The year 2012-13 has been a very significant one for us. I am happy to report that our work, on repositioning family planning is bearing fruit. We are making steady progress in bringing family planning back to the centre stage of development discussions, within India and globally. By sharing evidence of its linkages with maternal health, women’s empowerment and development, Governments, Indian and foreign, and the development community are beginning to realize its intrinsic worth.
Well-documented studies reported in a recent special issue of The Lancet clearly establish that family planning saves women’s lives, improves maternal and child health, gives girls a chance to complete their education and find and stay in employment, contributing in significant ways to a country’s development. What could be a more powerful tool than this for progress?
We have actively engaged officials from government and representatives from civil society in several rounds of discussions on family planning, maternal health and public health. The findings of PFI’s systematic review of national and global evidence on best practices in family planning were shared with senior government officers, social activists, demographers, public health researchers, donors and grassroots workers.
Why is it that in spite of India’s Total Fertility Rate declining to 2.5 and many states achieving replacement level fertility, we do not see corresponding declines in maternal and infant mortality? Why has the decline in fertility rates not been even across the states, with some reporting continued high fertility? We continue to engage with these questions.
PFI also contributed to the chapter on health in the Twelfth Five Year Plan. We noticed that the draft chapter had paid very little attention to family planning, the health of the urban poor and community monitoring. PFI advocated for a greater emphasis on family planning as a basic human right, the need to expand contraceptive choices, focus on adolescents and the urban poor and give importance to people’s participation through community monitoring. The Planning Commission accepted our suggestions and incorporated them into the chapter on health.
PFI, in its capacity as the Secretariat of the Advisory Group on Community Action (AGCA), continues to work towards strengthening the capacities for implementation of the community based monitoring and planning and scaling up across the states. This year, after eight years of successful work we wound up one of our major programmes — Promoting Access to Care and Treatment (PACT) — funded by the Global Fund. This programme, which started in April 2005 in six high focus states, sought to improve the survival and quality of life of People Living with HIV and reduce HIV transmission. Over the years the programme has expanded to 18 states and one Union Territory.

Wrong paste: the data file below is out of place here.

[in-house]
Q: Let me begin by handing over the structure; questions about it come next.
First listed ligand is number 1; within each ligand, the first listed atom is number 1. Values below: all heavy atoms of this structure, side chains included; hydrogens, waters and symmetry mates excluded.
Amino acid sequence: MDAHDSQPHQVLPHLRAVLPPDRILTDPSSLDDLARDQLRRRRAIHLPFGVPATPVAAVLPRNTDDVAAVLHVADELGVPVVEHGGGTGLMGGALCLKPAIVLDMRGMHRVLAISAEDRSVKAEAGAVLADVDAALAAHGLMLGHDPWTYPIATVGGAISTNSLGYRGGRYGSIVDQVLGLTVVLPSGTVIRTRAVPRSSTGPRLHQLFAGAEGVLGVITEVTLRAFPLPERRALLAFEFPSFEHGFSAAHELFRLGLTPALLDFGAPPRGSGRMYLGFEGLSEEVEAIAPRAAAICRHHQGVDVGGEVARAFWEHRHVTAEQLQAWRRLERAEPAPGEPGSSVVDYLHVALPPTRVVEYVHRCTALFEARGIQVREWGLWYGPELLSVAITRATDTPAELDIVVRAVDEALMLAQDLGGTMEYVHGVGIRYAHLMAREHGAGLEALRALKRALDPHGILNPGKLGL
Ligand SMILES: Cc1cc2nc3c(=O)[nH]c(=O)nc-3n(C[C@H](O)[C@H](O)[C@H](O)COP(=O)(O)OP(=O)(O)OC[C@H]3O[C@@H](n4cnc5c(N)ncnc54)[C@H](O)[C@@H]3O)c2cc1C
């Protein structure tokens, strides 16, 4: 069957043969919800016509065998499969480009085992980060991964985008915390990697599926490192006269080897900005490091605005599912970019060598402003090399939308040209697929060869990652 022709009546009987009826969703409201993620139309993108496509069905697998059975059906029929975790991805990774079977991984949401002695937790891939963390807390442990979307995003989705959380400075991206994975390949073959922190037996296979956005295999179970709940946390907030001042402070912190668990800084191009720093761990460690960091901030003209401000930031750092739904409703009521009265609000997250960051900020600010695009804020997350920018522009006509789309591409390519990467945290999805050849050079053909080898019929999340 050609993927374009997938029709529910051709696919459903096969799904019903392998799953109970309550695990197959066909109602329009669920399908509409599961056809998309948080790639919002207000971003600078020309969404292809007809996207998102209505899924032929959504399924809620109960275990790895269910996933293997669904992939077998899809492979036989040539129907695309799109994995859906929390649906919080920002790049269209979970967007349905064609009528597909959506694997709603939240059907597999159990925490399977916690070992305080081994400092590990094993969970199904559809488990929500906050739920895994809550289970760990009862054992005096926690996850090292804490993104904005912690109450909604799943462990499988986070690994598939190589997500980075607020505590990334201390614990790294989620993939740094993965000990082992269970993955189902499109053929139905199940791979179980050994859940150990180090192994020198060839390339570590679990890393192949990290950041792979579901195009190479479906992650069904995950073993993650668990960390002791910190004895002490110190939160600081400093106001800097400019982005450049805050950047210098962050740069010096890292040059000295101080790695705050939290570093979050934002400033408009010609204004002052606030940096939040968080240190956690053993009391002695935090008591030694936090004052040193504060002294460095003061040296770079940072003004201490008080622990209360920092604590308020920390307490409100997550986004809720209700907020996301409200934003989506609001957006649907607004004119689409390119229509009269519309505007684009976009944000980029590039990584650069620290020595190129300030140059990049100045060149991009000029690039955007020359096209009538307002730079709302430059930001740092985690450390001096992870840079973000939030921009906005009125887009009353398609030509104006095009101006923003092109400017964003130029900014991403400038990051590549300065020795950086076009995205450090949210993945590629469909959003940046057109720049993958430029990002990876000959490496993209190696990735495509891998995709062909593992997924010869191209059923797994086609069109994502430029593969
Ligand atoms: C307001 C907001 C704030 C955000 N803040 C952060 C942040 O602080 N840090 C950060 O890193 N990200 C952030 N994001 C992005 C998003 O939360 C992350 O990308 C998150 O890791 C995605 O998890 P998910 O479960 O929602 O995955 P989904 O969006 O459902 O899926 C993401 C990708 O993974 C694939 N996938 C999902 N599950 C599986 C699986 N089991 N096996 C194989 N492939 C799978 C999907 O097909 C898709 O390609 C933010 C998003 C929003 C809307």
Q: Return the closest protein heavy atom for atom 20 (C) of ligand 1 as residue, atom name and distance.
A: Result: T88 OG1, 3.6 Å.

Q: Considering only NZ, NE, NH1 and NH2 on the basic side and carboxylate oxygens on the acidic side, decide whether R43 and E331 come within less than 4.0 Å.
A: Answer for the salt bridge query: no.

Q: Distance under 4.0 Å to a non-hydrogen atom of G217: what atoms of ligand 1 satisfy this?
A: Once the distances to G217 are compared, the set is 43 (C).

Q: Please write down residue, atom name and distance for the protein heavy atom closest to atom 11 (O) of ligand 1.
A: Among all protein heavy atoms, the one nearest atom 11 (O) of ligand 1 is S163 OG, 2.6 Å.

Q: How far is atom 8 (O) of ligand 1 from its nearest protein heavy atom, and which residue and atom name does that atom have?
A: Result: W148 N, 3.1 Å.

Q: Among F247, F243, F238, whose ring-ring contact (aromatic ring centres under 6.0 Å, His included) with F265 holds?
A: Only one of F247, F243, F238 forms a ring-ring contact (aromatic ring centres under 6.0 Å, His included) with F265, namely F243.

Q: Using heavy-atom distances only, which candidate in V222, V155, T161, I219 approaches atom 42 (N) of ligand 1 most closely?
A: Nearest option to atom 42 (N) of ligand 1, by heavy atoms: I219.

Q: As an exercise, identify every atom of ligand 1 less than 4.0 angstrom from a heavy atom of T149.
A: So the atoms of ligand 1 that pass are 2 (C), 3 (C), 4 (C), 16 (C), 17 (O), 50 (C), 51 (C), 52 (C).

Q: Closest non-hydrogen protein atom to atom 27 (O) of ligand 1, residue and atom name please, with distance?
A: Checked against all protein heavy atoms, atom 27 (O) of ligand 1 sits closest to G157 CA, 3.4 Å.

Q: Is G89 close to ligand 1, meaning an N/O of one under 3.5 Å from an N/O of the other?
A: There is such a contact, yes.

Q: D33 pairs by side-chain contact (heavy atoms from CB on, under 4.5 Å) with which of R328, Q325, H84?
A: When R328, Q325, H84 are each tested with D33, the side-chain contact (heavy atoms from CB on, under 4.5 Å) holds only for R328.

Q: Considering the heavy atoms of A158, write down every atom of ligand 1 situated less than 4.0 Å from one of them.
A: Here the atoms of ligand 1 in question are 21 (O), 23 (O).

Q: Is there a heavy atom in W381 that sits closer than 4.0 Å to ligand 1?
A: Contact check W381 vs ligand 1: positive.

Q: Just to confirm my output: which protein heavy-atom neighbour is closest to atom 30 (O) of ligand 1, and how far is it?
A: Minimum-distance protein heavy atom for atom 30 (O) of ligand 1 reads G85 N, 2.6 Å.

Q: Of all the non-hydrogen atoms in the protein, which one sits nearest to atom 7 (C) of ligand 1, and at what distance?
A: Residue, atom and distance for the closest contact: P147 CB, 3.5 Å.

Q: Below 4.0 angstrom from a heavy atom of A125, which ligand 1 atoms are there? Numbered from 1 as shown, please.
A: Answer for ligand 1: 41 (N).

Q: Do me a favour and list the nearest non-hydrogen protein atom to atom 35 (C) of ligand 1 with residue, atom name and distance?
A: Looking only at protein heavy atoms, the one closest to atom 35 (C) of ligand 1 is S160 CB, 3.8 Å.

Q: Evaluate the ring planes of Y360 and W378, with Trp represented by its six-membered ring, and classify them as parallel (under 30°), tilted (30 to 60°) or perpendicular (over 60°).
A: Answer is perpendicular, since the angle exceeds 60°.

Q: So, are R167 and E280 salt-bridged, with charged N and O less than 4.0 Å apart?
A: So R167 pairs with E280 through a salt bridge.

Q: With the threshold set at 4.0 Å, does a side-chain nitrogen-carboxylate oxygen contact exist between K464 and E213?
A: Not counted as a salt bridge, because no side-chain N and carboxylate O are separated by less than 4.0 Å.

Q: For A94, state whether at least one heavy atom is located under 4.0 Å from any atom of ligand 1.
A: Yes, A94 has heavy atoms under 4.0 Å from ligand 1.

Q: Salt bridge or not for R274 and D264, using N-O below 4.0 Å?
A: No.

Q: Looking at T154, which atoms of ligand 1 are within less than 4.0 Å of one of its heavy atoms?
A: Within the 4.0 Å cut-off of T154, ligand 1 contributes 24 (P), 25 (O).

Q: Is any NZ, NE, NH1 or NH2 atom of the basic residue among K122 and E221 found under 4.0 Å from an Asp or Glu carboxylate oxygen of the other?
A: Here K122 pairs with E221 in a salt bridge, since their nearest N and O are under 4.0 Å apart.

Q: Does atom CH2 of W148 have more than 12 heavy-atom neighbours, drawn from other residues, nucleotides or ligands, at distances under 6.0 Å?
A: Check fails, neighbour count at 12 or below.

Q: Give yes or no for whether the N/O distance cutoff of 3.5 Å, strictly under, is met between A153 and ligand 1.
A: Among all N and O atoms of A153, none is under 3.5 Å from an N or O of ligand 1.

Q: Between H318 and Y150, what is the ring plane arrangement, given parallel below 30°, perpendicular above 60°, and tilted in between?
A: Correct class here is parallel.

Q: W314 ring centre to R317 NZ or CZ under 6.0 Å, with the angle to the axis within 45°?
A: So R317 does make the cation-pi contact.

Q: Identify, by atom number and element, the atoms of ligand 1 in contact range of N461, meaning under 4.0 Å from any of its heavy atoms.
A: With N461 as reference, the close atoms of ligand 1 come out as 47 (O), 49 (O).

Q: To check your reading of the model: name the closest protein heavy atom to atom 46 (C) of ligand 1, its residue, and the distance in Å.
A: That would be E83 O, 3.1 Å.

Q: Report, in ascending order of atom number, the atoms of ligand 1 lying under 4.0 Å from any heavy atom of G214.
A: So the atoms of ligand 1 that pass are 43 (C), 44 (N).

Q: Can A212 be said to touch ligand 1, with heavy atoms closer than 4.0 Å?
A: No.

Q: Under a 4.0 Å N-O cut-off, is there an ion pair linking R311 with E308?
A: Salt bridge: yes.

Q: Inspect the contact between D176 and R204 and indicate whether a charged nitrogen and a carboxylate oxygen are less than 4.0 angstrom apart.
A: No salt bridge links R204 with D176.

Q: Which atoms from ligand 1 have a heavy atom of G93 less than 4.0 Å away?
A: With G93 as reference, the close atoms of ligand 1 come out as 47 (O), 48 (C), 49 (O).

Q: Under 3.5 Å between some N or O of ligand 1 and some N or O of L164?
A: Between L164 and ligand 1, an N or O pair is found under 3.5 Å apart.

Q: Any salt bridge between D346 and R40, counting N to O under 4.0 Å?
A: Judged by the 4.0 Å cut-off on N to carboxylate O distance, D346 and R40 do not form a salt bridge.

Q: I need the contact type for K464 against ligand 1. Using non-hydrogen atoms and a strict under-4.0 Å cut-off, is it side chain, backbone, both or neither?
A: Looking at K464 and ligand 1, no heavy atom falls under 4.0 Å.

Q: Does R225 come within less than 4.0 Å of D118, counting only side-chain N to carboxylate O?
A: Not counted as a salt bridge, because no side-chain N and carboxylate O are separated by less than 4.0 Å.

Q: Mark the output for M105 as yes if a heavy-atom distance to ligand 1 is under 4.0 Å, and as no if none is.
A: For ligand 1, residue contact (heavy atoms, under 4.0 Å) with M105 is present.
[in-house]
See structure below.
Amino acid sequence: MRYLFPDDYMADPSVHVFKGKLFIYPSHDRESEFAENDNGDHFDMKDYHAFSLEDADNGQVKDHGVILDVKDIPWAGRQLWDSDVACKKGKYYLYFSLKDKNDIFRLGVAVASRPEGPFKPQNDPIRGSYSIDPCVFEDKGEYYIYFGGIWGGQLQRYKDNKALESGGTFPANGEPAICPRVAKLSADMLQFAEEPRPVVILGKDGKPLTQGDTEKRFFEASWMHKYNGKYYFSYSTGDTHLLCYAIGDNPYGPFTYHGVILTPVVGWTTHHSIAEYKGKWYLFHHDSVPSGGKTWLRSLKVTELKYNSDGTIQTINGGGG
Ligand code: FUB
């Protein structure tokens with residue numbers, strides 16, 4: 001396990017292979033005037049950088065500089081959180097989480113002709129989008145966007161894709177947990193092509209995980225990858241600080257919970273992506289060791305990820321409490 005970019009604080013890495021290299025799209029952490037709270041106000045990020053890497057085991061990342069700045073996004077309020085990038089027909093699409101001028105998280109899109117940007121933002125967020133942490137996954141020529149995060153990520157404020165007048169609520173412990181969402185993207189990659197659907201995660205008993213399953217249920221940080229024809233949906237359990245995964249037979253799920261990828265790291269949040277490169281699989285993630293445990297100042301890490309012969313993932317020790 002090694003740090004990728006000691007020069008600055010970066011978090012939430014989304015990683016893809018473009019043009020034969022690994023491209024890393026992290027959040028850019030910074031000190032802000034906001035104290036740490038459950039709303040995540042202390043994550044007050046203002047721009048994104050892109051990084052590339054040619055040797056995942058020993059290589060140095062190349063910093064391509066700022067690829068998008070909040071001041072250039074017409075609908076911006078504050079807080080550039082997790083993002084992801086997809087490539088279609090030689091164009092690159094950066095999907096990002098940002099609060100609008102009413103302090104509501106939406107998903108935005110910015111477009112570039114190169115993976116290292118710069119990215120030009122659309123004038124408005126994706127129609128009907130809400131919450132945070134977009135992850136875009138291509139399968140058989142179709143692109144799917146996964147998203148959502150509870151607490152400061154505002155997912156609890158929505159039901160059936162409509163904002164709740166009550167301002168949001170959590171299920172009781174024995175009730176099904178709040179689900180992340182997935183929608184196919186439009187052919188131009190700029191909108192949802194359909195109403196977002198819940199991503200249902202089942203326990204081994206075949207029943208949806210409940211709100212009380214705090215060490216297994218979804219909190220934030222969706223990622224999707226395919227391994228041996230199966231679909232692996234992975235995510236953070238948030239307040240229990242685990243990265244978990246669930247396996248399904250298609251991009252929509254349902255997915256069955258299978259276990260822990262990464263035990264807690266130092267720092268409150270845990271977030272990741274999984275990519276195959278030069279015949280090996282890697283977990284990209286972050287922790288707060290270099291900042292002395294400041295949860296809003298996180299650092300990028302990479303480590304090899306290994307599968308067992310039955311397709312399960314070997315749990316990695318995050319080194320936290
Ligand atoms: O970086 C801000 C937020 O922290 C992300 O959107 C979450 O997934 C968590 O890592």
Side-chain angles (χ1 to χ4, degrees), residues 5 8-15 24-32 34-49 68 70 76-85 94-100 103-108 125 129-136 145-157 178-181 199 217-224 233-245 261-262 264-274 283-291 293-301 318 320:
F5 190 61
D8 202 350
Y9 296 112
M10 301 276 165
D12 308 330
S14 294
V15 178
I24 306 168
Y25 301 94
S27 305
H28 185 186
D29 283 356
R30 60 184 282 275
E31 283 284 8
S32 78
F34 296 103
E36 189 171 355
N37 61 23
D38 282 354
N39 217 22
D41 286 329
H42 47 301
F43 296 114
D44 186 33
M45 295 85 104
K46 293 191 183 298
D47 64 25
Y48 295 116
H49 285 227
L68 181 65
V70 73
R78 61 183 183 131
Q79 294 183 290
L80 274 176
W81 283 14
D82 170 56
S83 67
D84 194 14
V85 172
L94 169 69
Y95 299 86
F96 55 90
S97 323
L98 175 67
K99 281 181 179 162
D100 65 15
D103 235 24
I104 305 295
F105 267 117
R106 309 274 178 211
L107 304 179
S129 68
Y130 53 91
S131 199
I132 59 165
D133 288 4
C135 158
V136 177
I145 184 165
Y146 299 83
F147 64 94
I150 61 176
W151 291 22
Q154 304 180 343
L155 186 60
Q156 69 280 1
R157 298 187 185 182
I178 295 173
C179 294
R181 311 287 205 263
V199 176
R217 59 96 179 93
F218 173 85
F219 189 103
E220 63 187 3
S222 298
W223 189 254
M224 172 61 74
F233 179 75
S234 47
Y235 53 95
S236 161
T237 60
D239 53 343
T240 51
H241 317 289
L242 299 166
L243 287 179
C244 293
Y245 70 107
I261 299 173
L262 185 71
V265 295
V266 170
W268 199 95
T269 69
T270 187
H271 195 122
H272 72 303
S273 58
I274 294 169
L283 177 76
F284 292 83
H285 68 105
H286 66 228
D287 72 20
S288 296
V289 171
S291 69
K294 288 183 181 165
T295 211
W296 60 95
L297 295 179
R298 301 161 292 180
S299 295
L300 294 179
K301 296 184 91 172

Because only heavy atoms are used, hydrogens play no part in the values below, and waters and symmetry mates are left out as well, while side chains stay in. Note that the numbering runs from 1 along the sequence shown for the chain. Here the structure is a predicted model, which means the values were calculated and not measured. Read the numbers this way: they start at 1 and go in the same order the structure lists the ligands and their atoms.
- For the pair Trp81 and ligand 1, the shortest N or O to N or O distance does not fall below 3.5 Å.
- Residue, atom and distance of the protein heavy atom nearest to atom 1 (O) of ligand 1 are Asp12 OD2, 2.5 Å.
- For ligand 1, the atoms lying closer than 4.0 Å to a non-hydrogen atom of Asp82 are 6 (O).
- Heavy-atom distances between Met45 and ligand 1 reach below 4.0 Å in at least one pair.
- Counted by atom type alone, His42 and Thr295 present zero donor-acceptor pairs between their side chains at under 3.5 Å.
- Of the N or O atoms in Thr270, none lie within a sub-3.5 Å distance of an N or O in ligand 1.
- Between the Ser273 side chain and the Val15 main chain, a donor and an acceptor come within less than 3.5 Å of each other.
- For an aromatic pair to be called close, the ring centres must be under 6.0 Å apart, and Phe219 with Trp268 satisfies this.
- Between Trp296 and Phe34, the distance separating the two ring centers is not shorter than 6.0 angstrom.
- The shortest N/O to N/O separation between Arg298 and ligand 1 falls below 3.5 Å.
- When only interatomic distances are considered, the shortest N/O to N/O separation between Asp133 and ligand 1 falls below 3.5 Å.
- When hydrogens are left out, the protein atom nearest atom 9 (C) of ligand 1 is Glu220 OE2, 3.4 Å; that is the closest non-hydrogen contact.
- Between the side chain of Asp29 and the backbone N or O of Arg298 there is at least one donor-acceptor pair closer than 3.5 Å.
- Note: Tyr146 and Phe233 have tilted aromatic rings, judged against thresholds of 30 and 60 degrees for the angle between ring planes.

PFI faced a major challenge when in August 2010, the Global Fund directed us not to sign the agreement with one of the sub-recipients, pending a fiduciary review. As a result, PFI found itself having to directly implement the programme through over 200 District Level Networks (DLNs) in nine states. Though this was meant to be an interim arrangement, PFI continued to be involved for 32 months, without any additional resources or staff. During this period, PFI enhanced the capacities of the DLNs in the nine states by training their staff and establishing strong operational financial and programmatic systems. The Global Fund has acknowledged PFI’s efforts in achieving targets and ensuring timely reporting despite the many challenges.
Under our Health of the Urban Poor (HUP) program, we continued to assist the Central government, eight state governments and five city governments in designing and implementing urban health programmes. We have also extended technical assistance to the MoHFW for the formulation of the National Urban Health Mission (NUHM), which was approved by the Cabinet on May 1st, 2013 as a sub-mission of the National Health Mission. PFI is now actively supporting the MoHFW in startup activities related to the launch of NUHM at national and state levels. Recognizing the strength of our HUP program, MoHFW has requested PFI to provide technical support to its Urban Health Division. The programme is meant to strengthen community processes, improve planning and monitoring systems to deliver innovative and scalable models of preventive and primary healthcare, especially maternal, neonatal and child health services, and integrate other determinants of health — nutrition, water, sanitation and hygiene — for the urban poor and vulnerable populations living in urban areas.
PFI has been awarded a second grant by Advance Family Planning following the successful implementation of the first phase, which involved building the capacities of staff and partners in advocacy for advancing family planning. The five-year grant is supported by the Bill and Melinda Gates Foundation through the Johns Hopkins Bloomberg School of Public Health.
It has indeed been an action packed and fulfilling year. I would like to thank all our partners who have contributed in making our programmes a success. This would not have been possible without the hard work and commitment of the staff at PFI and guidance from the Governing Board members.
(From our Annual Report 2012-13)